Stem Cell-Based Tissue Repair
Promises and Limitations in the Application of Cell Therapy for Tissue Regeneration
Published:03 Dec 2010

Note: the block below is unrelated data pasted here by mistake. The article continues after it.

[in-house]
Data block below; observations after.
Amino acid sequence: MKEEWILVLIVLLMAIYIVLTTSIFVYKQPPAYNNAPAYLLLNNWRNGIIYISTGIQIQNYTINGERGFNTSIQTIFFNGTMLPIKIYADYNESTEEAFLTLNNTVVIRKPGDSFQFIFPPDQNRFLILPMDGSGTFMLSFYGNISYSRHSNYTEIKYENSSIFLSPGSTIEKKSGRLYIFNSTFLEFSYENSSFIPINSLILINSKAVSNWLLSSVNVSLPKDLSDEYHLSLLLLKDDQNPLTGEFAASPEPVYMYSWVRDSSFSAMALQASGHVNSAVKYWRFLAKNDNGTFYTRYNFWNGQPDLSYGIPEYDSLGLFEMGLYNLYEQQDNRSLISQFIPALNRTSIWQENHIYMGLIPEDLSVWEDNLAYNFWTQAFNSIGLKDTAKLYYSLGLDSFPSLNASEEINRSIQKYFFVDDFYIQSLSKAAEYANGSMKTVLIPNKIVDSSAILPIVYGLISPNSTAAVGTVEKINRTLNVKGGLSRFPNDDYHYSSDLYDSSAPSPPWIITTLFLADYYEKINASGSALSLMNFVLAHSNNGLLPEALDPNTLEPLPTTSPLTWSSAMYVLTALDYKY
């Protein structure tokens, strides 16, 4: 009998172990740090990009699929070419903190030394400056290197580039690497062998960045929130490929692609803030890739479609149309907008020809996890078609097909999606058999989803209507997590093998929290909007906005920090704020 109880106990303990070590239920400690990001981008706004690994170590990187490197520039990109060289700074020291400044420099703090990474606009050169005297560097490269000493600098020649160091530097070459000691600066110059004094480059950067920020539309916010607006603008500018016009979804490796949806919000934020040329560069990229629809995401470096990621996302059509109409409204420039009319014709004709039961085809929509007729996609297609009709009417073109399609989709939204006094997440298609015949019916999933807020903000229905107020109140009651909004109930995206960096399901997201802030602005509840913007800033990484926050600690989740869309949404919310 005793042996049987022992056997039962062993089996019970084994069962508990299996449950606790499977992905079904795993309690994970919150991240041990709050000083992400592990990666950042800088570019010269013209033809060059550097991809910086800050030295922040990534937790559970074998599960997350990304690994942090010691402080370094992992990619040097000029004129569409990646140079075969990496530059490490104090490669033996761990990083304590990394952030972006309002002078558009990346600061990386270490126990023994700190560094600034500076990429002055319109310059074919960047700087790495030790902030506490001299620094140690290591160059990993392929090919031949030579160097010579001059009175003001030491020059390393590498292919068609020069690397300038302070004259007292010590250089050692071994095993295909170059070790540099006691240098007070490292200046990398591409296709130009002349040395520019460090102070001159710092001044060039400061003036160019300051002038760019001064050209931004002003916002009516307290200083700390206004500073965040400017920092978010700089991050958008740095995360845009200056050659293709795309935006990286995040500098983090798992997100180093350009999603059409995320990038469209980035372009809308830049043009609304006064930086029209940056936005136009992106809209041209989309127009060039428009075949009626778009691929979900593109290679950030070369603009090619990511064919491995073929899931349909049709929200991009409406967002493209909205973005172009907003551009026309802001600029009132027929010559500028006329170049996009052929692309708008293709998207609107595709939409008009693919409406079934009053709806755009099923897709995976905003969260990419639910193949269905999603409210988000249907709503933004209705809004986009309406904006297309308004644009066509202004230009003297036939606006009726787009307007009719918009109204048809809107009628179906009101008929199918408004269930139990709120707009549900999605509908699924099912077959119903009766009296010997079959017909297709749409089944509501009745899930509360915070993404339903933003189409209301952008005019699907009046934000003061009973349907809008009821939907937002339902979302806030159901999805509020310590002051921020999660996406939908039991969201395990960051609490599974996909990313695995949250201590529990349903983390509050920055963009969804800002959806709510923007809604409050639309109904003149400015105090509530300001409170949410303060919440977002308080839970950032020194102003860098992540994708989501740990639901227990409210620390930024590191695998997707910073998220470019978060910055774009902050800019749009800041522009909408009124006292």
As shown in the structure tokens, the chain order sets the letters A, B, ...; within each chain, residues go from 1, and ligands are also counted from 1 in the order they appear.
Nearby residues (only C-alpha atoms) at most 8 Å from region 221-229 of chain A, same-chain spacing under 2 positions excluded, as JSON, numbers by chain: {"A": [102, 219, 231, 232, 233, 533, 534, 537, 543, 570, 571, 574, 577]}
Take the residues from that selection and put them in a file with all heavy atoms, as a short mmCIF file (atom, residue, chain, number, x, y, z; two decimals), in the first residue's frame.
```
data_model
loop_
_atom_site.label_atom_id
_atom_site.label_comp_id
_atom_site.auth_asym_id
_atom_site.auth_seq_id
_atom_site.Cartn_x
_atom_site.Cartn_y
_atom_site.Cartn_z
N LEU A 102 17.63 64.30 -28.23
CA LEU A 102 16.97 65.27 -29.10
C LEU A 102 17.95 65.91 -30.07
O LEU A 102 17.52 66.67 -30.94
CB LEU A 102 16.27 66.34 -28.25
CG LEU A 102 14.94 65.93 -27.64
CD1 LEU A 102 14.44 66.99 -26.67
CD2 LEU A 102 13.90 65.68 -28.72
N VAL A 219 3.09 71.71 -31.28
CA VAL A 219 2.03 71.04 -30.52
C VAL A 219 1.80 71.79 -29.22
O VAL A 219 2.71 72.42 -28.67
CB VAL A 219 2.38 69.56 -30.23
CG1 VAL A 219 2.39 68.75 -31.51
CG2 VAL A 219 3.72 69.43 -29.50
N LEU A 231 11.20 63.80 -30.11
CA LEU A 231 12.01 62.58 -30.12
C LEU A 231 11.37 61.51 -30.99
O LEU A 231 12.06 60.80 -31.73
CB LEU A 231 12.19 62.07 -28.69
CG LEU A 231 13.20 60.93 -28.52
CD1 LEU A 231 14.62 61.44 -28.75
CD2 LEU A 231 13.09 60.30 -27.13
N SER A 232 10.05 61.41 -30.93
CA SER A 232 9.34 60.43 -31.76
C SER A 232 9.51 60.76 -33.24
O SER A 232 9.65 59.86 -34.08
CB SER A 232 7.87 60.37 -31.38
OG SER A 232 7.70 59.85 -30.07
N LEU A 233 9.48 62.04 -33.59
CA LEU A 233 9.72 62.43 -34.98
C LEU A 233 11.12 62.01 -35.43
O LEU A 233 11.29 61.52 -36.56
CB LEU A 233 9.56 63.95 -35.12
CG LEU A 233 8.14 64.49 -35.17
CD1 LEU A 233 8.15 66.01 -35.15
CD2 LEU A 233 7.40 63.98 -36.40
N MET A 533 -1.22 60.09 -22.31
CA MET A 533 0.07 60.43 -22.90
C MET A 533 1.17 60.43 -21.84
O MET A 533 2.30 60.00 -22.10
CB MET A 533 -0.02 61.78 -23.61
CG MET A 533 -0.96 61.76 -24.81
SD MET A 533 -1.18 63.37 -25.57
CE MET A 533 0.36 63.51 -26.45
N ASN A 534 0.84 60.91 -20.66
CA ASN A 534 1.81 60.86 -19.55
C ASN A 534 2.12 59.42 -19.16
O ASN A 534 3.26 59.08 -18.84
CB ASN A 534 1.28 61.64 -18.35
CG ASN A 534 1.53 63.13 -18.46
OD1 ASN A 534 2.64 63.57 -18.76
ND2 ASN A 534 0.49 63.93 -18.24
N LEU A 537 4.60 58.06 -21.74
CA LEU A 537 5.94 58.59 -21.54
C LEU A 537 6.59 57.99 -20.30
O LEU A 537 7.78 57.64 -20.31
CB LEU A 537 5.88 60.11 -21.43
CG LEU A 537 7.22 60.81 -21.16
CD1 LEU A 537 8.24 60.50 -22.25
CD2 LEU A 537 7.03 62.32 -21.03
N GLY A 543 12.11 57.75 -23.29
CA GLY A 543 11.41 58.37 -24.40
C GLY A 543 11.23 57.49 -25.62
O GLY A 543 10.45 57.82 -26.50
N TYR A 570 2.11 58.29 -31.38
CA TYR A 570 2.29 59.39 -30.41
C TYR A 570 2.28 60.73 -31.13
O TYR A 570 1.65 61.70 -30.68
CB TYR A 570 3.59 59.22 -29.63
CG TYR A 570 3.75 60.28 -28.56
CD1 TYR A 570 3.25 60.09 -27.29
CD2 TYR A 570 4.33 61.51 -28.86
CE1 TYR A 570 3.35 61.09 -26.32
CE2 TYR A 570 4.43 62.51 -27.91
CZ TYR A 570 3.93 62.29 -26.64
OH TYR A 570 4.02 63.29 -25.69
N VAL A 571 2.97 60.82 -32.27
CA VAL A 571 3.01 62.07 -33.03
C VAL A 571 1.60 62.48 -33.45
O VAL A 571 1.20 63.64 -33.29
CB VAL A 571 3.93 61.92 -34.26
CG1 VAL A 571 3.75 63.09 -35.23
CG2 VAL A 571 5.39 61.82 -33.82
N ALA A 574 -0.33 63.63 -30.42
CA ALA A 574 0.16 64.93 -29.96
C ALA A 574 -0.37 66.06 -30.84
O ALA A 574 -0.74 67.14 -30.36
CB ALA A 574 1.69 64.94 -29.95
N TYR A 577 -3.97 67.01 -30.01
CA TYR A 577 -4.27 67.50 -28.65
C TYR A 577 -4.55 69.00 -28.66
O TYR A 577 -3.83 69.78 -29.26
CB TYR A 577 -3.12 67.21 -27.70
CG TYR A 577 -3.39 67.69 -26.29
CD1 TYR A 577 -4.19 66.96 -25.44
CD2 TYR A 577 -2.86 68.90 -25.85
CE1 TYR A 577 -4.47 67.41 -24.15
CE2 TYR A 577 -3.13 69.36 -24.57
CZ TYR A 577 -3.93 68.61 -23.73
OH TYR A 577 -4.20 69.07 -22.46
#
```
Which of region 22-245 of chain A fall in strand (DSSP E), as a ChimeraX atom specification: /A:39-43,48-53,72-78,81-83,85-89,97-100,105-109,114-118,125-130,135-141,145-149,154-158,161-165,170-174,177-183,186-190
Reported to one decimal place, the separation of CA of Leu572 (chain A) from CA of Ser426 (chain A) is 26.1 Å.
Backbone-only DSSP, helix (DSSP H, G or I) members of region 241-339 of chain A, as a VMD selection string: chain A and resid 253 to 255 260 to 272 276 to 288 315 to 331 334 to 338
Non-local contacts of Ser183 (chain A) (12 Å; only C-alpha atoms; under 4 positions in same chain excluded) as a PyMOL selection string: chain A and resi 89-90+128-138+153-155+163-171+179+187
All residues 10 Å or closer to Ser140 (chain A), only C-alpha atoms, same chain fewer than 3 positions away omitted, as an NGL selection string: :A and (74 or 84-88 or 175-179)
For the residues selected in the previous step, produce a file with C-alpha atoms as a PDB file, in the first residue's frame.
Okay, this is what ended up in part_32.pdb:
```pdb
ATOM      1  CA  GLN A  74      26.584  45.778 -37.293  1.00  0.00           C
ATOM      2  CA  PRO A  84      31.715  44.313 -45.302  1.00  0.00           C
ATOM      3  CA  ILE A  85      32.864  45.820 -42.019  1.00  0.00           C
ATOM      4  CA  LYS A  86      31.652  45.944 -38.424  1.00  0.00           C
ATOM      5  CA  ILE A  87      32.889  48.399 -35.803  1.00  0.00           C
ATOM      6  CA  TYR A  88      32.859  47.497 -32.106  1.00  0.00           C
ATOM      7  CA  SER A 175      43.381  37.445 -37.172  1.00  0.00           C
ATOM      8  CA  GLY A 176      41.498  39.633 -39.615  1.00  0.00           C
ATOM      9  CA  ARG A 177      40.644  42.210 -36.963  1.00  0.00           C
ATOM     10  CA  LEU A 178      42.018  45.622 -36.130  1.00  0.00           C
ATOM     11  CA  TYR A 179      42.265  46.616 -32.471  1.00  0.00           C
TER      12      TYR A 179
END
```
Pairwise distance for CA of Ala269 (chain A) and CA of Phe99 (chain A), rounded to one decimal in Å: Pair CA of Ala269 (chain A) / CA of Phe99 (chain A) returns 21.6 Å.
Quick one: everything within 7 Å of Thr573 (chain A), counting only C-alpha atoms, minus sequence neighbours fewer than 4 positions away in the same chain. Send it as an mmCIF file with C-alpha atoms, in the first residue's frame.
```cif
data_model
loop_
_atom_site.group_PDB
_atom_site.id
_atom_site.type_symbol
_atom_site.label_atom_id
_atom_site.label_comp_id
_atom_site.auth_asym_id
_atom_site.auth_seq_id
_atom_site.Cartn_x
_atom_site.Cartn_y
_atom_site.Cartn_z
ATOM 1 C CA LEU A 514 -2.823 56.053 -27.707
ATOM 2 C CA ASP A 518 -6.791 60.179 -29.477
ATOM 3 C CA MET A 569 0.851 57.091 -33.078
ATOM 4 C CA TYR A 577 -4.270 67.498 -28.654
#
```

Stem cells research soared in recent years with the attempt to combine those cells from different sources with different matrices and apply them for regenerative medicine. There are a variety of potential types of cells that could be defined as stem cells. These include progenitor cells from adult tissues, cells from embryonic sources (ES), adult multipotent cells and those that were induced to acquire stem cells properties (IPS). New sophisticated matrices assembled from synthetic or bio-polymers were proposed as scaffolds for such cellular implants. Nevertheless, there is a major difficulty in translating knowledge in this field of cellular biology for tissue engineering. The cells induced to differentiate tend to age and lose their proliferative potential and it is difficult to introduce them into tissues so that they could replace cells in damaged tissues. Multipotent cells may not differentiate into the phenotype of interest. Moreover, some types may be teratogenic and induce malignant tumors. In direct implantation of matrix-dependent cells into tissues and organs, as well as through the circulation the vast fraction of the trypsinized matrix-dependent cells maybe lost in the procedure, not survive the implantation or may not integrate into the damaged tissues. Another difficulty is the limited ability of the cells to home towards the damaged tissues and integrate in it while they may just be trapped in highly capilarized organs such as the lungs and the kidneys. When the cells are implanted in-vitro within different scaffolds to produce 3D cellular structures, they may not survive implantation due to suffocation within the artificial matrix, which is not connected to the supply by vascularization network from the damaged tissues. Inflammatory processes that normally occur and is an integral component of the process of tissue repair may also result in the mass killing of cells, including the implanted stem cells. Therefore, in early controlled clinical studies the attempt of targeting isolated cells alone to repair tissues has yielded controversial results with poor cell survival and difficulty to show incorporation and integration of implanted cells into the target tissues. In view of the above difficulties new approaches are needed. Thus, currently, in spite of the great advances in the growing stem cells field and a wide selection of stem cells, solutions based on using the combination of progenitor cells and matrices for tissue regeneration have not yielded yet simple and straightforward methods to repair failing soft or hard tissues with cell based therapies.